Every human culture or society has developed a story or myth about how it came to be. These myths include the forces that created the society as well as the forces that tried to prevent its success. Whether these forces were of the natural world, the spiritual world, mankind against mankind or human against human, everything had value because everything had impact.
We might all be smart to pay particular attention to these mythologies. I don’t mean that you suddenly have to find a church or temple to worship a monkey king. However, we all go through our daily living being the recipient of forces within and beyond our control. Somethings we simply have the ability to correct or avoid but many we do not. We are like grains of sand on the shore, unable to avoid the tides of life as they wash over us.
While we may not be able to avoid certain things, we can control our reactions. We also should not avoid the effect life has on us. Pretending to be brave in the face of adversity is great as long as don’t completely ignore the impact of said adversity. It is okay to cry and to admit pain hurts.
I hope our discussion of these myths will serve to connect us because truly, we are all connected. This is truer today than ever before. Modern technology has increased the speed of communication into a matter of seconds instead of days. Hopefully, it will also allow us to see our similarities and celebrate our differences.
What we should not do is assume there is only one way to live. There are different climates, terrains, and needs and each comes with a specific set of circumstances for living within them. I may not elect to follow one mythology but I should not discount it completely just because it does not apply to me.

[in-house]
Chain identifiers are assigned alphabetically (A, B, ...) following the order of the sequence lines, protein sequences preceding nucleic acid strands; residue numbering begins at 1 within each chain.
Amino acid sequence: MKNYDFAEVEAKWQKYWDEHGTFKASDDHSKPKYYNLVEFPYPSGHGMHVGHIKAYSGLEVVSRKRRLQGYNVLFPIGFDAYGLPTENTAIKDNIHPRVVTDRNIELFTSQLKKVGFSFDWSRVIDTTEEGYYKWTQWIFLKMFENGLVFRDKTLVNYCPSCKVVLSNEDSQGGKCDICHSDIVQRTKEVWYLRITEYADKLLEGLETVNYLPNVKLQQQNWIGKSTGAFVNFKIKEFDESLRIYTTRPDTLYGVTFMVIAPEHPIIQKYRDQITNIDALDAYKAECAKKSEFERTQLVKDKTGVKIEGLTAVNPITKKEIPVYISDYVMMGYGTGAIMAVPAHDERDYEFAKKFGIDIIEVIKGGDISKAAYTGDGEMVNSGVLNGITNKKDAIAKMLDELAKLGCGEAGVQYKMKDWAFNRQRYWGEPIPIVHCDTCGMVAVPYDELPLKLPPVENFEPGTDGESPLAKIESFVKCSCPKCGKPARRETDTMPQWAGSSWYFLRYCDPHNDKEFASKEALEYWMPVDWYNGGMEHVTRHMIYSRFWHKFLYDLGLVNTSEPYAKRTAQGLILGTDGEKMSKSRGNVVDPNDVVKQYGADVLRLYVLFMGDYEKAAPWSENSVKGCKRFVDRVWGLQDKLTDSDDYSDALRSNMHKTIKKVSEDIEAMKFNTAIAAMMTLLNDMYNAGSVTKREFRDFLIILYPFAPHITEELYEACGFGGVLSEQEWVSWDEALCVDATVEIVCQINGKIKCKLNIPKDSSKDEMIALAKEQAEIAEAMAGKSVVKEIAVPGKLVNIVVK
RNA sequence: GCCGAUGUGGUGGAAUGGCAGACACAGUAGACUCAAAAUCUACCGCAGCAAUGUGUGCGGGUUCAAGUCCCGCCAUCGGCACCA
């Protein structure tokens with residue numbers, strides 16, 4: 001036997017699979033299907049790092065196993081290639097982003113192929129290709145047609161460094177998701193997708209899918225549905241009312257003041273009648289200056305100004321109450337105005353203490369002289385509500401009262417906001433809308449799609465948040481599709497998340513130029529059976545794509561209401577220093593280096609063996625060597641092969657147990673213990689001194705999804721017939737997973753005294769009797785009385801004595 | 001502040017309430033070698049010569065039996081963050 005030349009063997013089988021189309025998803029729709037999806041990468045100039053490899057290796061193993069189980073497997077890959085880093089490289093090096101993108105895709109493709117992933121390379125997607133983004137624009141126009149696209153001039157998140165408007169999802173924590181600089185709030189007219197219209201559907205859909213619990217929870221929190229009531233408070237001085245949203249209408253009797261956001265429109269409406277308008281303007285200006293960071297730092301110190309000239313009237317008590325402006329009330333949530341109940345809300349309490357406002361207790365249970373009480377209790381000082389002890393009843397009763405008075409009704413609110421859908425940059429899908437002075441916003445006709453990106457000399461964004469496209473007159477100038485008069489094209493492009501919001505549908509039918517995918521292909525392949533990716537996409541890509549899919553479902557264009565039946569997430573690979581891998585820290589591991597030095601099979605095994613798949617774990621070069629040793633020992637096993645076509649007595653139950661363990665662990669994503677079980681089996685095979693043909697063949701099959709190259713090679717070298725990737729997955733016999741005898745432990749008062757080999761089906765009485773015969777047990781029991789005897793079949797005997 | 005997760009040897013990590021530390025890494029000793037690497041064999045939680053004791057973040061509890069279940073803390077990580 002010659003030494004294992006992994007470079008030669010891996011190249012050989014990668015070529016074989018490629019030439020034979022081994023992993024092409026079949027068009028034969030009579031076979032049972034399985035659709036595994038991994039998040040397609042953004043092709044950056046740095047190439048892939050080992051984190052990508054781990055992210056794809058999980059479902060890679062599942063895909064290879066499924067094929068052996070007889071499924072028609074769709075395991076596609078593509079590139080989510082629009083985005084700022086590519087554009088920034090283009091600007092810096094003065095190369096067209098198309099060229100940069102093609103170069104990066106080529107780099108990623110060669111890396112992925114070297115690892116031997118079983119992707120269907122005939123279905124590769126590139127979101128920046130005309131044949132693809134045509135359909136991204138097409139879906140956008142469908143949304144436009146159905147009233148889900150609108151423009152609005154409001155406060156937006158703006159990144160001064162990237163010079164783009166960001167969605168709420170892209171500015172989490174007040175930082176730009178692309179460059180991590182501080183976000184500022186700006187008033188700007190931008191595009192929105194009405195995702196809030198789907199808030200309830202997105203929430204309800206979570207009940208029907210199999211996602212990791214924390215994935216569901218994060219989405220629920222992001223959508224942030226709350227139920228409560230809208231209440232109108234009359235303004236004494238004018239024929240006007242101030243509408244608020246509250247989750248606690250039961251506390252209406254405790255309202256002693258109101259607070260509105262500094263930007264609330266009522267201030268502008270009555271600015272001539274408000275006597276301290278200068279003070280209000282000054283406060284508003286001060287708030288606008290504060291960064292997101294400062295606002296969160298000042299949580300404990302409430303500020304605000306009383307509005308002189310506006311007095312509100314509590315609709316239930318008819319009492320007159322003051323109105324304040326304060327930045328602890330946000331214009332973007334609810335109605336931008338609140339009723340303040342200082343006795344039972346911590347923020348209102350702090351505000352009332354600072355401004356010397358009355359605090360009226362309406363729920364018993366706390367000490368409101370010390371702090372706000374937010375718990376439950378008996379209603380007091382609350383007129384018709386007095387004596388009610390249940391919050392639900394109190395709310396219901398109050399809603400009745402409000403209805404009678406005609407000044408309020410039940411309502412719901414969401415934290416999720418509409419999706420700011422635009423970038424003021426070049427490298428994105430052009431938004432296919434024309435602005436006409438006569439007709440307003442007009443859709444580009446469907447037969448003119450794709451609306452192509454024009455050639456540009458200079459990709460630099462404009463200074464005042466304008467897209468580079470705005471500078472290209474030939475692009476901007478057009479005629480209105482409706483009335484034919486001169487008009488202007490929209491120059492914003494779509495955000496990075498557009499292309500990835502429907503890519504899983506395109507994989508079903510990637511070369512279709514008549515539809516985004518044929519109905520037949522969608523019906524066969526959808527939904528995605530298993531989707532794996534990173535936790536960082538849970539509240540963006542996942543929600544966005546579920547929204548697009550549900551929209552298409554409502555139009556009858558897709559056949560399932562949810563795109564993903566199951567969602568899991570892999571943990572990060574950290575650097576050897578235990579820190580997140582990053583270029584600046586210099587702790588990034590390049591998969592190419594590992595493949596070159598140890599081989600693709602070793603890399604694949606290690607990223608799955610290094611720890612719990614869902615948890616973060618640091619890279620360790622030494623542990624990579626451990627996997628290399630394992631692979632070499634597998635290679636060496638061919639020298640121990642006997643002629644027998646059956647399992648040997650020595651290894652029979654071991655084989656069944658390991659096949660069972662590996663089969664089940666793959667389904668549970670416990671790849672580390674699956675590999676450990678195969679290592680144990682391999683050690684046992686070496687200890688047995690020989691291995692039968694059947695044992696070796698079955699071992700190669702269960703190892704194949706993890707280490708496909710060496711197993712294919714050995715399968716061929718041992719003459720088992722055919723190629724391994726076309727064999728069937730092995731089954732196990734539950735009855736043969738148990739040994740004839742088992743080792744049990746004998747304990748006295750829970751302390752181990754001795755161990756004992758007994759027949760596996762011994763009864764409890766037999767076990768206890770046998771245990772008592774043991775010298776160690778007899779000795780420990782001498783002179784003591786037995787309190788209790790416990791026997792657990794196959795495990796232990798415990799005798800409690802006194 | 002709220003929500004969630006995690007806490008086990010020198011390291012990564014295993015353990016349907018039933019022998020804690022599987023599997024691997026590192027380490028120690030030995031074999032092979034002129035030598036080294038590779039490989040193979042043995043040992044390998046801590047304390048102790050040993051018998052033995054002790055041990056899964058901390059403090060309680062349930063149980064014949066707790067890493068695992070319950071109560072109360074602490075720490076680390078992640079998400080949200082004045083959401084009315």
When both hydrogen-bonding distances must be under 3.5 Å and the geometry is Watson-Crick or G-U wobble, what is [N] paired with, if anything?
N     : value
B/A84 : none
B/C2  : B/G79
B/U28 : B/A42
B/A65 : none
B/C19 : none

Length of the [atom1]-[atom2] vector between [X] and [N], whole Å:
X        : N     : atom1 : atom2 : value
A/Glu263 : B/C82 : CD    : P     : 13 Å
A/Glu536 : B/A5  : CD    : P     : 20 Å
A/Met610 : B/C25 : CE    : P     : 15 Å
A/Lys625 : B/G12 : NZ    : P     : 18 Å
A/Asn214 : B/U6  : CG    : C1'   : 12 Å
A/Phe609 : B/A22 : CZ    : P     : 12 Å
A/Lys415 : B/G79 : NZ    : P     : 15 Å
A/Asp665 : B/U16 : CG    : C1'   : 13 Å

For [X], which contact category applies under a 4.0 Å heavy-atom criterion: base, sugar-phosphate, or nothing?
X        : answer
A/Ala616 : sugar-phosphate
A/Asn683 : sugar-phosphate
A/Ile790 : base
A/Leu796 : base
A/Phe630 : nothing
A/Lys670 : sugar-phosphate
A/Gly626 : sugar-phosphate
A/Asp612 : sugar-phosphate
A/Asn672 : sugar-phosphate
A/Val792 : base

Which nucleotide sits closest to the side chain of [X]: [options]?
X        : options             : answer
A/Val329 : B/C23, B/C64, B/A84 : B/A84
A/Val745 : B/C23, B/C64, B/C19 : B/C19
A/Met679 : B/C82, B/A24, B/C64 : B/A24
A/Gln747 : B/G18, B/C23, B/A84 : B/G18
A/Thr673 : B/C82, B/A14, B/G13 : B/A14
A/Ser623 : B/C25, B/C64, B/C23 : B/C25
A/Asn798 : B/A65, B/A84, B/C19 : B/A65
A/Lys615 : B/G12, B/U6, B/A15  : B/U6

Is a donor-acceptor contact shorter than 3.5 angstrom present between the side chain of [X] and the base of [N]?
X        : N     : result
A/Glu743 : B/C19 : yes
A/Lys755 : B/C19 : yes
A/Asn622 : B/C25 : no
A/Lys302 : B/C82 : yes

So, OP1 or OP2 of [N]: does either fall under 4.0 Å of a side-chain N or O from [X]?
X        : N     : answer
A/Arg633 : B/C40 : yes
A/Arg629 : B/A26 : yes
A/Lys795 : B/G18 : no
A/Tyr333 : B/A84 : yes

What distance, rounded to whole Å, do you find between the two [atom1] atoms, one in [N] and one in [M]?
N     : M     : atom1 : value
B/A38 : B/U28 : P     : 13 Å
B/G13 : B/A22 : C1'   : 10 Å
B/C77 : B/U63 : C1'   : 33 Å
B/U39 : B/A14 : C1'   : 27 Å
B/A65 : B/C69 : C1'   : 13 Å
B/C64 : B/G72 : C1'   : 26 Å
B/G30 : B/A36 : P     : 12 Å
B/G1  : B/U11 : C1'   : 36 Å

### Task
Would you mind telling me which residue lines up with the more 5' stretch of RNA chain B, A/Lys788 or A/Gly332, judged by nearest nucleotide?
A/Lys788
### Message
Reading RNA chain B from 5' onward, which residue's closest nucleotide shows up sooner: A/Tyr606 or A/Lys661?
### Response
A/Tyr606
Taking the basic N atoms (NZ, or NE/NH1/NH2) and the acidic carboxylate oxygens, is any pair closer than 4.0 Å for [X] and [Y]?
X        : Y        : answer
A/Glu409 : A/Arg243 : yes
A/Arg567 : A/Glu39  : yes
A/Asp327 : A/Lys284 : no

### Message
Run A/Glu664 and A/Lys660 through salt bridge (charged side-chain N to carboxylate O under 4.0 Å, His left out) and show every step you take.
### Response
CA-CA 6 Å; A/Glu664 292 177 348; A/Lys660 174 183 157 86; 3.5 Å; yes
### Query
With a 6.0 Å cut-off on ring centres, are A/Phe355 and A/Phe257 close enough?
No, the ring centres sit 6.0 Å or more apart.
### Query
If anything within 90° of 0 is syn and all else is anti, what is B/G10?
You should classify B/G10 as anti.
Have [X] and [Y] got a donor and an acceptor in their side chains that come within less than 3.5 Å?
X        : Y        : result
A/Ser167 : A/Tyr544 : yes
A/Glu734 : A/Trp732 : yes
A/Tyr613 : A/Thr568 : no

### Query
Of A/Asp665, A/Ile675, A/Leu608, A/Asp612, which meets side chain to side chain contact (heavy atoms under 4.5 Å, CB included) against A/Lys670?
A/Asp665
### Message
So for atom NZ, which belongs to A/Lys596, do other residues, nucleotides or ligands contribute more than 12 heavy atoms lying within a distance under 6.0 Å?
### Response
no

Recently a government official in Kentucky has made national and perhaps international news for defying a court order to issue marriage licenses to both heterosexual and homosexual couples. The official, a paid state employee, has halted issuing any marriage license for the county in which said official is employed, effectively holding the institution of marriage hostage because of her interpretation of her own religious mythologies. While I respect her right to her interpretation, I do not believe she has the right to hold the institution of marriage hostage. I will also add that other popular interpretations of those same religious beliefs include stoning to death said official for multiple marriages, a practice still being conducted in all three Abrahamic religions of which this official’s religious denomination is one.
We cannot and should not decide to play God or Lord Brahma. We are simply a part of that which exists, one element of the matter of the universe. The mythologies of the Far East especially focus not on others but on self and using the stories passed down from centuries pass to improve one’s personal living. The complex treasure trove of the beliefs that comprise what we call Hinduism has an underlying pattern of unity which is echoes in the words of Swami Sivananda: “Put your heart, mind, and soul into even your smallest acts. This is the secret of success.”